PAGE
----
Some vehicles have shown evidence of rust around the windscreen seals, on the A-pillar and around the sunroof. Whilst not serious, quick treatment will help avoid later problems.

11 - Electrical ( )

11.1 - Fuses and Relays ( )

Fuses are contained in 5 main fuse boxes as listed below. The descriptions are from the Jaguar handbook and arenít always the clearest. When diagnosing a problem, bear in mind that several fuses may be involve in getting a particular component to function ( eg power feed, control relay feed, electronic control module feed ), so do check the full list.

Engine Bay Left    
F1 25 Heated Front Screen
– Right Side
F2 10 Main beam headlamp
– Left side
F3 25 Starter Solenoid
F4 10 Dip beam headlamp
– Left side
F5 10 Side light, indicator
and repeater – Left side
F6 20 Windscreen wiper
F7   Unused
F8 15 Air conditioning
water pump
F9   Unused
F10 10 Horn 1
F11 30 Engine Cooling fans
– series & parallel modes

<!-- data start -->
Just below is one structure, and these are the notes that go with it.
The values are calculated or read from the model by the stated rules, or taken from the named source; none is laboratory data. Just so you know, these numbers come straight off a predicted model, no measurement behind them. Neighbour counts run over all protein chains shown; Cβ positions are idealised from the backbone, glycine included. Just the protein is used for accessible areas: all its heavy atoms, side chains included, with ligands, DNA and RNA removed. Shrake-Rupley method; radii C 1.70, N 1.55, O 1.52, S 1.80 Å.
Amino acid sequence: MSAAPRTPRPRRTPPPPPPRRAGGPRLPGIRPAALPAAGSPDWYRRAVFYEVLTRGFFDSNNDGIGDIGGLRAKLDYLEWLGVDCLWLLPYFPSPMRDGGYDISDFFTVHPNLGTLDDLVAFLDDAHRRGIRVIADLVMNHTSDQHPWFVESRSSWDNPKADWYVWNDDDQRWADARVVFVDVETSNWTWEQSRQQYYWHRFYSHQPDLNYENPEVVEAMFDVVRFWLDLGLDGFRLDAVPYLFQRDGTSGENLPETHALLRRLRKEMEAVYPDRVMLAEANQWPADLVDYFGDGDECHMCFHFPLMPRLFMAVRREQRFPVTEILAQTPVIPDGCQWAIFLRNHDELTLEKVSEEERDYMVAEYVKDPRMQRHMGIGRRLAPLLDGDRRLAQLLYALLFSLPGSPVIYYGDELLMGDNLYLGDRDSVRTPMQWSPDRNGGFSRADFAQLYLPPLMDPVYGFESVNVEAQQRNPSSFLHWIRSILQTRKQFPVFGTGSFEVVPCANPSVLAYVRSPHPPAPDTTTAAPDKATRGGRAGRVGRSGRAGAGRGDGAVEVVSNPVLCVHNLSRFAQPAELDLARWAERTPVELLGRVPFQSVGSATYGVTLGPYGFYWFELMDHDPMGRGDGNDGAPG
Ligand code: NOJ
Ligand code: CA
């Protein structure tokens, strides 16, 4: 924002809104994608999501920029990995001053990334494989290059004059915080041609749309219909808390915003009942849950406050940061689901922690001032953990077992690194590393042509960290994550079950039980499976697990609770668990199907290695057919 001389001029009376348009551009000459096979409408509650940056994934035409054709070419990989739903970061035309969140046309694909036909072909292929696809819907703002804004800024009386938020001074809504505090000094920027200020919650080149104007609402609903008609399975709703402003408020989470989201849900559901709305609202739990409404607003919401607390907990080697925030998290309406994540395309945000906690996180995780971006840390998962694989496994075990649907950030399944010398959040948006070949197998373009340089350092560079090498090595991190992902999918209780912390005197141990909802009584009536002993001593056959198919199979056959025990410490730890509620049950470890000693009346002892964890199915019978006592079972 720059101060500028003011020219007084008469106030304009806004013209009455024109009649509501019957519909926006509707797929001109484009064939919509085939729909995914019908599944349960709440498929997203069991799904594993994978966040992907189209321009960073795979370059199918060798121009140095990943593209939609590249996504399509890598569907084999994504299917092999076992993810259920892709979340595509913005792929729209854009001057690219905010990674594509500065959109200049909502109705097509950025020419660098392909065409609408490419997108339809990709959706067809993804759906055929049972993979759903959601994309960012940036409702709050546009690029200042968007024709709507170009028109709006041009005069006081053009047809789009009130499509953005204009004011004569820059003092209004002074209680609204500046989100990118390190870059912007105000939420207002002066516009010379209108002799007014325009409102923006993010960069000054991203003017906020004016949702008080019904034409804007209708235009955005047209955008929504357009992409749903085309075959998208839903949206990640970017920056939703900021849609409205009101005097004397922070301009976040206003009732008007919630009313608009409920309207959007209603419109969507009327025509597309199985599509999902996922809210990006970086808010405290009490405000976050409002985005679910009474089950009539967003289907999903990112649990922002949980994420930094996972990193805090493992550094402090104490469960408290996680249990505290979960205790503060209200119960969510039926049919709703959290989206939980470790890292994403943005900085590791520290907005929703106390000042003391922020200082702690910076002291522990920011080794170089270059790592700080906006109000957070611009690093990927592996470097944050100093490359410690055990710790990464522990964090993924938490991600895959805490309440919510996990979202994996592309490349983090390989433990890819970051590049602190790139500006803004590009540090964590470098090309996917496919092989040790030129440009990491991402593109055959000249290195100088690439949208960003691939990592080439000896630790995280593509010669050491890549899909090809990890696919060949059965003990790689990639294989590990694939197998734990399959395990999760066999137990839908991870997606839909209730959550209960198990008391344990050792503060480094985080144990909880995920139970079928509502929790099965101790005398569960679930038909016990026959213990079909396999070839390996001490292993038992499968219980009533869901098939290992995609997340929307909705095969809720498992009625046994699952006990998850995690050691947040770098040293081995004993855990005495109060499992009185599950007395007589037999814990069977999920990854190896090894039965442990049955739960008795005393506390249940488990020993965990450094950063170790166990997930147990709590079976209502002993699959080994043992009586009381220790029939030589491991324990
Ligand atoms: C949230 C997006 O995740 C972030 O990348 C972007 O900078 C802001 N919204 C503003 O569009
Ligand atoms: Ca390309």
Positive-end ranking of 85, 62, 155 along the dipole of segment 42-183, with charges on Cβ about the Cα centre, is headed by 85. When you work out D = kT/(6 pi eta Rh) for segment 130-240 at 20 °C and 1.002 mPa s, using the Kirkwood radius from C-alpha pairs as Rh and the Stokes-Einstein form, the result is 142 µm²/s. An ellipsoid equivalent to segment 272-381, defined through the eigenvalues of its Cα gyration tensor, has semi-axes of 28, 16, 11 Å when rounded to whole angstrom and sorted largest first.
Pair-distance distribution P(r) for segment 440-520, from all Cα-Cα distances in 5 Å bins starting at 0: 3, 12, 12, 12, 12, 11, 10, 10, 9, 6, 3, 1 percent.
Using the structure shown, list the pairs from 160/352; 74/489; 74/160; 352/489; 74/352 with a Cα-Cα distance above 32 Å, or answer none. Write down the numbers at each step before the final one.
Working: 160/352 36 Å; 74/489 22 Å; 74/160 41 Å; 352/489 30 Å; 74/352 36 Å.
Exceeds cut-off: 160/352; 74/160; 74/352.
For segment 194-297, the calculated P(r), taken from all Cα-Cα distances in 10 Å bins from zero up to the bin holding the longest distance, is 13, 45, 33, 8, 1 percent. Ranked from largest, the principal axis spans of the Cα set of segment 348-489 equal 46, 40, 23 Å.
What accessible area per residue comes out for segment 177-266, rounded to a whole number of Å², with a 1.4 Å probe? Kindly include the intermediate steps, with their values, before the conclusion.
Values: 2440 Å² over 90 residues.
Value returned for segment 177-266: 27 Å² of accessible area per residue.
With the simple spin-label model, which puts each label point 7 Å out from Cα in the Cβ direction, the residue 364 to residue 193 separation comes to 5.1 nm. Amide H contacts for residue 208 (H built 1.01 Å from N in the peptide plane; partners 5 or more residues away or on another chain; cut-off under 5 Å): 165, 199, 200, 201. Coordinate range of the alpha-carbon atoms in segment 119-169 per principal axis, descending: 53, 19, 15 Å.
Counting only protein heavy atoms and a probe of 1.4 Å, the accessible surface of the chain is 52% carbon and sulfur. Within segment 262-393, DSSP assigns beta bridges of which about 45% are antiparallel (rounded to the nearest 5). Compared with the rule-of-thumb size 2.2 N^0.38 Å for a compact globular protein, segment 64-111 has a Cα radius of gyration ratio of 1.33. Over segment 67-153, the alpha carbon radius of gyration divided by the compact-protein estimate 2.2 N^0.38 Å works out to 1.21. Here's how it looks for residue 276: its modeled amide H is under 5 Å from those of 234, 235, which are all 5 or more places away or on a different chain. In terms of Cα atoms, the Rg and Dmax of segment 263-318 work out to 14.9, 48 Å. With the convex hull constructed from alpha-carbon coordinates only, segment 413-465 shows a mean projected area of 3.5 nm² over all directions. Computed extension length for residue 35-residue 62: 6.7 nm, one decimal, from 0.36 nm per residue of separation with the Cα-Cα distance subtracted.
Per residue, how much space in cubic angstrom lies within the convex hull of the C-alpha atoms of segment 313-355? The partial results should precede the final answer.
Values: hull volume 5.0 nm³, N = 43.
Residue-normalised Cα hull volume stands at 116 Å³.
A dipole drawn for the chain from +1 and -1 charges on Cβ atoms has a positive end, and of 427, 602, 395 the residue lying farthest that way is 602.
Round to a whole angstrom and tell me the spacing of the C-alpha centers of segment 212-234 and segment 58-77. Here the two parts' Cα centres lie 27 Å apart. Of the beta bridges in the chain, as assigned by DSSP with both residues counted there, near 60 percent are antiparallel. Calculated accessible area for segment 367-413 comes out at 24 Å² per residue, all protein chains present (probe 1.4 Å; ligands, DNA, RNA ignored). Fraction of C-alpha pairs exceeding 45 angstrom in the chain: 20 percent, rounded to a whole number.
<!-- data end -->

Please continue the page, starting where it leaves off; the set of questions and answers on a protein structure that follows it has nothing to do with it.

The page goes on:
F12   Unused
F13   Unused
F14 10 Horn 2
F15 25 Heated Front Screen
– Left Side
F16   Unused
F17 30 Engine Cooling fans
– series mode
F18 10 Front Fog lamp –
Left side
Engine Bay Right    
F1   Unused
F2 10 Main beam headlamp
– Right side
F3   Unused
F4 10 Dip beam headlamp
– Right side
F5 10 Side light, indicator
and repeater – Right side
F6 5 Engine ECU
F7 25 Air pump ( 6 cyl
) Ignition coils ( 12 cyl )
F8 10 Air con clutch (
note separate inline fuse )
F9   Unused
F10 5 Alternator, Lighting
control module – Right side, Air con clutch, windscreen &
headlamp wash heaters
F11 20 Engine ECU relay
supply, injectors
F12 10 Engine ECU, Starter
Relay, ignition coil sensing and air pump ( 6 cyl ), injection
relay and ECU sensors ( 12 cyl )
F13 10 Windscreen washer
F14 10 Oxy sensor heaters,
idle speed control valve
F15   Unused
F16 10 Air pump control,
Vacuum valve ( 12 cyl ), intercooler water pump ( 6 cyl supercharged
F17 30 Headlamp power wash
F18 10 Front fog lamp –
Right side
Rear Seat Heelboard
– Left Side
F1   Unused
F2 10 Heated Door Mirrors,
Instrument Illumination
F3 15 Seat motors –
Right side
F4 15 Seat motors –
Right side
F5 10 Instruments
F6 5 Seat ECM, low power
door switches, mirror motors
F7 30 ABS pump
F8   Unused
F9 20 Cigar lighters
F10 5 Cruise control
F11 20 Heater blower –
left side
F12 5 Instruments
F13 15 Steering Column
F14 10 Auto transmission
ignition switched supply